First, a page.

And when people see their livelihood or ability to stay out of jail as being dependent on passing a drug test, it can create a strong motivation to cheat on it.
“If it’s your job or you’re going to probation or you’re going to lose your kids, a lot of those folks will do anything to pass a drug test,” Powell said.
Randall was required to take a drug test as a condition of his probation. Police said the probation officer saw Randall holding a bottle of yellow liquid that he dropped into his underwear. Randall denied doing so, but police said he eventually turned the bottle over to the probation officer. Randall pleaded guilty to charges of tampering with physical evidence, a felony; his lawyer declined to comment on the case.
In some states, laws regarding fake urine have been spurred by tragedy.
Judy Tilton walked into her 21-year-old son’s room in 2015 and found him dead of a fentanyl overdose. Seth was cold to the touch, still sitting upright on his bed, a needle in his arm and a cellphone in his hand. He had been texting his drug dealer.
Overwhelmed with shock and grief, Tilton cleaned the room a few days later and stumbled upon an unopened bottle of synthetic urine, something that she didn’t even know existed.
“It just made me think and go, ‘Who else is using this?’ ” she said. “It could be a bus driver, it could be an aircraft pilot, a trucker driving down the road. They’re endangering everybody.”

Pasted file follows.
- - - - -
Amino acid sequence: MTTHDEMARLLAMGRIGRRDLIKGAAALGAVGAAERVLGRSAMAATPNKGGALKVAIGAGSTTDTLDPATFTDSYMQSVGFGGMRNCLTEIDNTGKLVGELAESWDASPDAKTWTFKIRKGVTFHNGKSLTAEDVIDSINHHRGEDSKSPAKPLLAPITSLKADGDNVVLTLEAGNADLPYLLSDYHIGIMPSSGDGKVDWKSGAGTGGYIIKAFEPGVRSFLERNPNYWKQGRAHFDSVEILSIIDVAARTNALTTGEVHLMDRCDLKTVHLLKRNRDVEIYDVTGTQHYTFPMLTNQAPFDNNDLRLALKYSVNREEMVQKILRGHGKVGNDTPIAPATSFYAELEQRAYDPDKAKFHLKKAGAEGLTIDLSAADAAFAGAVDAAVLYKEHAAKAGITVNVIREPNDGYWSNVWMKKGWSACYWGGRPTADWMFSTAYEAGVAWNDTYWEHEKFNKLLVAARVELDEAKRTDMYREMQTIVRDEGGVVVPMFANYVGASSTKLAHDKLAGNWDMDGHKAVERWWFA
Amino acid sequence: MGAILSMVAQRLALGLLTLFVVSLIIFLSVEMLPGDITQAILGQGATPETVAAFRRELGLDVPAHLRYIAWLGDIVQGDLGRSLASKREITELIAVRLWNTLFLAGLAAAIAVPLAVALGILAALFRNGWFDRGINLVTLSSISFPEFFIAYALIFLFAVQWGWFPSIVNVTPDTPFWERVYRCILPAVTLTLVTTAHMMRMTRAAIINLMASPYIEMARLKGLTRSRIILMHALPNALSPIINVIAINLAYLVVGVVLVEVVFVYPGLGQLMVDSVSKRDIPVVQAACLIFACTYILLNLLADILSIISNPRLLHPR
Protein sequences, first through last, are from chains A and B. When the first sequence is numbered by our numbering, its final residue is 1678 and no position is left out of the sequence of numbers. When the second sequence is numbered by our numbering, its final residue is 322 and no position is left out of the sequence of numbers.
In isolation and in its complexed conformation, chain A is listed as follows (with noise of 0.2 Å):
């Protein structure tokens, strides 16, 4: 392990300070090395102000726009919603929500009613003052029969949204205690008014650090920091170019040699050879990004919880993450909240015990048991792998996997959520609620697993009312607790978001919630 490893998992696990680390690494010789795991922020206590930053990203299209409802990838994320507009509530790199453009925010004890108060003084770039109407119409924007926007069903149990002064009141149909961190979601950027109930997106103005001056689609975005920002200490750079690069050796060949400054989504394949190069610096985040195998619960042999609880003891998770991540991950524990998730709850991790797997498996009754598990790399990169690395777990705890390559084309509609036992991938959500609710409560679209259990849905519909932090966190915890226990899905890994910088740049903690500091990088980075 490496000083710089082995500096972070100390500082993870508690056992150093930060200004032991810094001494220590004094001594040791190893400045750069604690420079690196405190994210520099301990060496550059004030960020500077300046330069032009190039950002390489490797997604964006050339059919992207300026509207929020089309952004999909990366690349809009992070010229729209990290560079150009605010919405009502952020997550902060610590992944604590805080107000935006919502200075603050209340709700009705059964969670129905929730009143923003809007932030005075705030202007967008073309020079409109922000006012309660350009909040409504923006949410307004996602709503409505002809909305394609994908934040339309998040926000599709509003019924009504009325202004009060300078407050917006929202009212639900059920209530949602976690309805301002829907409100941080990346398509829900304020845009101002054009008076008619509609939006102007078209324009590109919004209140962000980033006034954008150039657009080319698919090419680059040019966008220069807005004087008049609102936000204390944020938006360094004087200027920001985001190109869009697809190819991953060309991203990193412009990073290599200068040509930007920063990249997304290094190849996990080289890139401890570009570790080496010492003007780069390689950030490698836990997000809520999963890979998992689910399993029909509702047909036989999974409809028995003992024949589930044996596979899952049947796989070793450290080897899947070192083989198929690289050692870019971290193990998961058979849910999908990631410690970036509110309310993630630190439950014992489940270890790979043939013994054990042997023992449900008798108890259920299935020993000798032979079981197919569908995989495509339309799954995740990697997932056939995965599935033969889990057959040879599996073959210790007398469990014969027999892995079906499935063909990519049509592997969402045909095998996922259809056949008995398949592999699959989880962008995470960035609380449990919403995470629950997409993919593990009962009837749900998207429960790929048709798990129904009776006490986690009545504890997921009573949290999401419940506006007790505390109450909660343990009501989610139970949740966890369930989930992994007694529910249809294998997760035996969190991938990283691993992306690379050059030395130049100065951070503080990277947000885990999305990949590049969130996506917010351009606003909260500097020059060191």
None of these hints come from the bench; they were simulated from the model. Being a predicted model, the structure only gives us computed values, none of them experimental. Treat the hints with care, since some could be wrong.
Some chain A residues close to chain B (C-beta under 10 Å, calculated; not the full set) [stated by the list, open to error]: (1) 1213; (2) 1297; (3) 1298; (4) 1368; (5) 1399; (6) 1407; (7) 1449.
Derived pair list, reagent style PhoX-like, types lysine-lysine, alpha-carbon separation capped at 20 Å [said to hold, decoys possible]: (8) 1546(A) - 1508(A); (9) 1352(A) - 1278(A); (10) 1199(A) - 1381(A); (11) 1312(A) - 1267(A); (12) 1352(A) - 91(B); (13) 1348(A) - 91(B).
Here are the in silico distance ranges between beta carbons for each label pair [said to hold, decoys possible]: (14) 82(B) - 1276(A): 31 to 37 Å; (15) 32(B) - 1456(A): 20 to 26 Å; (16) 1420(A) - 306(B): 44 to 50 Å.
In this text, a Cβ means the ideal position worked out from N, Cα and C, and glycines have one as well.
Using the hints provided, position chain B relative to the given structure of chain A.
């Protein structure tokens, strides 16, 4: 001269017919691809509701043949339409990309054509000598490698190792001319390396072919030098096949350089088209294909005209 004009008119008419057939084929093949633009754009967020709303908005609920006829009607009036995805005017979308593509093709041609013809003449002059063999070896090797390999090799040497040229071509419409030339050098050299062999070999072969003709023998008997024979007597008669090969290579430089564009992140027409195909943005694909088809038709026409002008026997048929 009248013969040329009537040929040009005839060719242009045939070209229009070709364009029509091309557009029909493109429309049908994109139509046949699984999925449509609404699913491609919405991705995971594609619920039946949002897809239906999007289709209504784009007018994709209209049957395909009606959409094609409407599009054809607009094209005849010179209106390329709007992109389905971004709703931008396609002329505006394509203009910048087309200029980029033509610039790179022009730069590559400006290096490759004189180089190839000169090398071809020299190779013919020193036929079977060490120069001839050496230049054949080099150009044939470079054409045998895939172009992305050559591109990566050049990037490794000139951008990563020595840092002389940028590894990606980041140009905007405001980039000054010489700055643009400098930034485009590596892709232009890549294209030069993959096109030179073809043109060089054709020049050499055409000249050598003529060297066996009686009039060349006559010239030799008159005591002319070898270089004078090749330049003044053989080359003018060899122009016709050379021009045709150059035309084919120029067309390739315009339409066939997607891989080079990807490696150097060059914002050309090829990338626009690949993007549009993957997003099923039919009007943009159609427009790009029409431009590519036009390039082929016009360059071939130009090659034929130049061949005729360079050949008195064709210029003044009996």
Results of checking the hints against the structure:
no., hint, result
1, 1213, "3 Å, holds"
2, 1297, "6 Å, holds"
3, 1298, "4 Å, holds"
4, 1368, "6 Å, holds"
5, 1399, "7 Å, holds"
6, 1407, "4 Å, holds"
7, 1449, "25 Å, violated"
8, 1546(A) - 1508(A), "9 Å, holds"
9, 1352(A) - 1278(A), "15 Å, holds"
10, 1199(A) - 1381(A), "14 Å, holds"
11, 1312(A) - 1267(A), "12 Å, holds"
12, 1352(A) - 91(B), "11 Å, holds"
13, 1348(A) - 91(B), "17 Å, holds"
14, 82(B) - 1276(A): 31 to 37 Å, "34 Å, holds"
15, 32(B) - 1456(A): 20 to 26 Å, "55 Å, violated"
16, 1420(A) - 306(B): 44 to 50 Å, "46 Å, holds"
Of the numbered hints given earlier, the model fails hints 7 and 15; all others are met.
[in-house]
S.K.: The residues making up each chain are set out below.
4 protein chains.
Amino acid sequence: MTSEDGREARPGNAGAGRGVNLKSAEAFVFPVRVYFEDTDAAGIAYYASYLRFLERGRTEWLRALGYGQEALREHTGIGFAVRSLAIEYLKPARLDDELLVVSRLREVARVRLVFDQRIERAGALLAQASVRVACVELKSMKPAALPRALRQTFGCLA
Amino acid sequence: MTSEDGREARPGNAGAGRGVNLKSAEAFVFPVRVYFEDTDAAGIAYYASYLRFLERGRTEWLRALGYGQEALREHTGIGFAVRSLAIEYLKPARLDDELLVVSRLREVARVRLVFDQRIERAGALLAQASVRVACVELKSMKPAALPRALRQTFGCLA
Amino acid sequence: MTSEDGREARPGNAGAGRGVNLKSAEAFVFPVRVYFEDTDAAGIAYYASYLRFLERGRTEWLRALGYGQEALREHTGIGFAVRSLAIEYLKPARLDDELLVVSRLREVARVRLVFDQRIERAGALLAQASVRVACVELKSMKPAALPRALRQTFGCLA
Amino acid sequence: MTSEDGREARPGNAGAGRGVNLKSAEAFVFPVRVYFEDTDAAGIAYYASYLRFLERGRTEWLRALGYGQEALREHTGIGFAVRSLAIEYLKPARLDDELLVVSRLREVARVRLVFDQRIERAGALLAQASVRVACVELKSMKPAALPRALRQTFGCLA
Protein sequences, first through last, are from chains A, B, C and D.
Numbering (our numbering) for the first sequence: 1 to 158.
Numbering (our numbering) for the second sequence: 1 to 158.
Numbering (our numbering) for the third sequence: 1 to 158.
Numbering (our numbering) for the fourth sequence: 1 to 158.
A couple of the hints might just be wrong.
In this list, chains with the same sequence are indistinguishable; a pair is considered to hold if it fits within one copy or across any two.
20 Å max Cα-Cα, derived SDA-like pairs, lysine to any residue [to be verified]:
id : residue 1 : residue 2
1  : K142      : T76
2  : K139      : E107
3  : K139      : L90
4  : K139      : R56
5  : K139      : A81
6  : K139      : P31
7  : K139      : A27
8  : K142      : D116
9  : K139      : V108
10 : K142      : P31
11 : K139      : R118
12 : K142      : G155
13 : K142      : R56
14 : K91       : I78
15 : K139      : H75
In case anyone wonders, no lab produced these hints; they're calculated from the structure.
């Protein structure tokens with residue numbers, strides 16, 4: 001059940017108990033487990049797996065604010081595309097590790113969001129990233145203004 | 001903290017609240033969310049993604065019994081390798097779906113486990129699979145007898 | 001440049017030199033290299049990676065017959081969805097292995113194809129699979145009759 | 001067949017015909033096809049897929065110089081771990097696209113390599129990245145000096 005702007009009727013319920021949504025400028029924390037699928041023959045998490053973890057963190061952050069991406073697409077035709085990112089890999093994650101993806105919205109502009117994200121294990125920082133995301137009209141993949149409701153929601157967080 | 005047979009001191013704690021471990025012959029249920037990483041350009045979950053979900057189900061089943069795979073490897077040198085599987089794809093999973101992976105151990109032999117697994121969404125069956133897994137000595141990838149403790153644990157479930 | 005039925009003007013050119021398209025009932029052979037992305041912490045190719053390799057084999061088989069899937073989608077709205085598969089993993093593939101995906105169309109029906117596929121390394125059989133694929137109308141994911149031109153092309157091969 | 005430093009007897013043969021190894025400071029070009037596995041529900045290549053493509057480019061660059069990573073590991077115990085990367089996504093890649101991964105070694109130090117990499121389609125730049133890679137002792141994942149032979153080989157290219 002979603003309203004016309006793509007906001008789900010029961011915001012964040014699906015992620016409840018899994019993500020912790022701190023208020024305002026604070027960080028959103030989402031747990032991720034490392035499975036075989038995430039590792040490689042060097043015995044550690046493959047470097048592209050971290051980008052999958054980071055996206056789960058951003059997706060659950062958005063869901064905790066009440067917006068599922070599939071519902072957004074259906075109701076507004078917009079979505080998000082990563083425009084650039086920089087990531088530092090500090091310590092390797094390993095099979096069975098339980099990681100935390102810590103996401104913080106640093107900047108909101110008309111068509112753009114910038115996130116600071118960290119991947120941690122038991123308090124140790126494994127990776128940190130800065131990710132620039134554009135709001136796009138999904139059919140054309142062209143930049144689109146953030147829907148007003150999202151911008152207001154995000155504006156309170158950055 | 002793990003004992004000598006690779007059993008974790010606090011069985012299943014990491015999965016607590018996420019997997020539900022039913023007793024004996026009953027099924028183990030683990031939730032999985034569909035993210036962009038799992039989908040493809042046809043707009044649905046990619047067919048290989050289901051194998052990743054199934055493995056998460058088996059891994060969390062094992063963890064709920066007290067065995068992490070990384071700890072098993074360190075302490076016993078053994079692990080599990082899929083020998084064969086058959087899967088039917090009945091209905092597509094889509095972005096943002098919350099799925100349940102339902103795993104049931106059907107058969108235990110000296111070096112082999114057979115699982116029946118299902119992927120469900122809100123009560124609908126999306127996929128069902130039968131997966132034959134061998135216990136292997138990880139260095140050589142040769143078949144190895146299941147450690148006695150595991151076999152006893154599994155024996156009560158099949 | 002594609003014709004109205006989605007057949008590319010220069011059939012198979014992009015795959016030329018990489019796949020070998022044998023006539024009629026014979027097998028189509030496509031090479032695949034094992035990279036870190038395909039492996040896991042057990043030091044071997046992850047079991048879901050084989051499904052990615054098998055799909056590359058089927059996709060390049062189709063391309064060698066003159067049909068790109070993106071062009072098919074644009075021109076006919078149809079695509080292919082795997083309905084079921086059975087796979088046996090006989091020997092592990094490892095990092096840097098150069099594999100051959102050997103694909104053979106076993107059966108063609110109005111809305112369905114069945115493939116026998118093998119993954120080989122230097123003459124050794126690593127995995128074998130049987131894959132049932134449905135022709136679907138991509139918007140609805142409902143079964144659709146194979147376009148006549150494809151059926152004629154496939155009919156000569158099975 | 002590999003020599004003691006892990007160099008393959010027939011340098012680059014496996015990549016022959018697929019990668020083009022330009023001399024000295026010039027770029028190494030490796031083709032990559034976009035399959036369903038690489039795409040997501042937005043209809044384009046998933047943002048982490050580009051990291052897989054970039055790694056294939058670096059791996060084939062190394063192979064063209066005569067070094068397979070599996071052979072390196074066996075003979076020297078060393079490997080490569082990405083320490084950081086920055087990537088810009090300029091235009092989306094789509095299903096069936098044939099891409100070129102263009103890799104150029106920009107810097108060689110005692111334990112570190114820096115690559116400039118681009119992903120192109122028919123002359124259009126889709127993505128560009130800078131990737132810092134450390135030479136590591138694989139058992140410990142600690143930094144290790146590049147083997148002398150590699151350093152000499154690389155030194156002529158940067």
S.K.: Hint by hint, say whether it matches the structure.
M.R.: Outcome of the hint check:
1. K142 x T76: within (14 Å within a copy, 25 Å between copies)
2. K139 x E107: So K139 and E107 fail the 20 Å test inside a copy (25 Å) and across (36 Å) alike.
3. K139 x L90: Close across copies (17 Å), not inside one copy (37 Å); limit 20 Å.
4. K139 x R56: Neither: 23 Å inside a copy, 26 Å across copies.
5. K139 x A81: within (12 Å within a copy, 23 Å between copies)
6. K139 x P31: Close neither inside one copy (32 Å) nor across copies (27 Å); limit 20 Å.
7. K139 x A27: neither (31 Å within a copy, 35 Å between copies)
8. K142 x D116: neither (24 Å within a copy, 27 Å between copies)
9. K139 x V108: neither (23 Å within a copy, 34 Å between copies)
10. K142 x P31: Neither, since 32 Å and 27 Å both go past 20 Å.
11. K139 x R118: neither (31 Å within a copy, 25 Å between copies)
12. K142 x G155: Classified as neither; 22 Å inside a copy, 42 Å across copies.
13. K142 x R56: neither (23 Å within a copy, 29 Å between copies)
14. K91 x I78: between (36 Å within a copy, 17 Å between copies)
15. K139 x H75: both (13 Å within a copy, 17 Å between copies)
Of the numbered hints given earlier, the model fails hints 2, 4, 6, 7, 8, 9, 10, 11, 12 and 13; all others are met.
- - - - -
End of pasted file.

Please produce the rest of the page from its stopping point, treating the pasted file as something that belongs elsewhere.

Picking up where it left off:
Tilton, of New Hampshire, lobbied legislators to ban fake urine. She testified at the State House, showing lawmakers the box that she found in Seth’s room.
The U.S. Supreme Court first upheld the right to test for drugs in the workplace in 1989, and most of those tests now are conducted using urine samples. The federal government is looking at standardizing tests that use hair and saliva.
Barry Sample, director of science and technology for the Employer Solutions business of Quest Diagnostics, suggests that employers should rotate hair, saliva and urine tests to create an element of surprise for applicants and to make the options for possible cheats, such as fake urine, less useful.
But hair testing has been challenged in court, including by a group of black Boston Police officers who claim it is discriminatory because the texture of African American hair makes it more likely to yield false positives.
Most specimens undergo what is known as a five-panel test, during which they are screened for amphetamines, cocaine, marijuana, PCP and opioids.
The Substance Abuse and Mental Health Services Administration added a sixth — ecstasy — to the test administered to safety-sensitive workers. The agency approved testing federal workers for four prescription painkillers — OxyContin, Vicodin, Percocet and Dilaudid — last year, along with tests for heroin metabolites.
But urine testing remains the main method of detecting drugs in the body, and its private nature can be problematic.
“Urine tests are not observed,” Sample said. “It does afford those who want to cheat the opportunity to try to subvert the testing process.”
Alice Crites contributed to this report.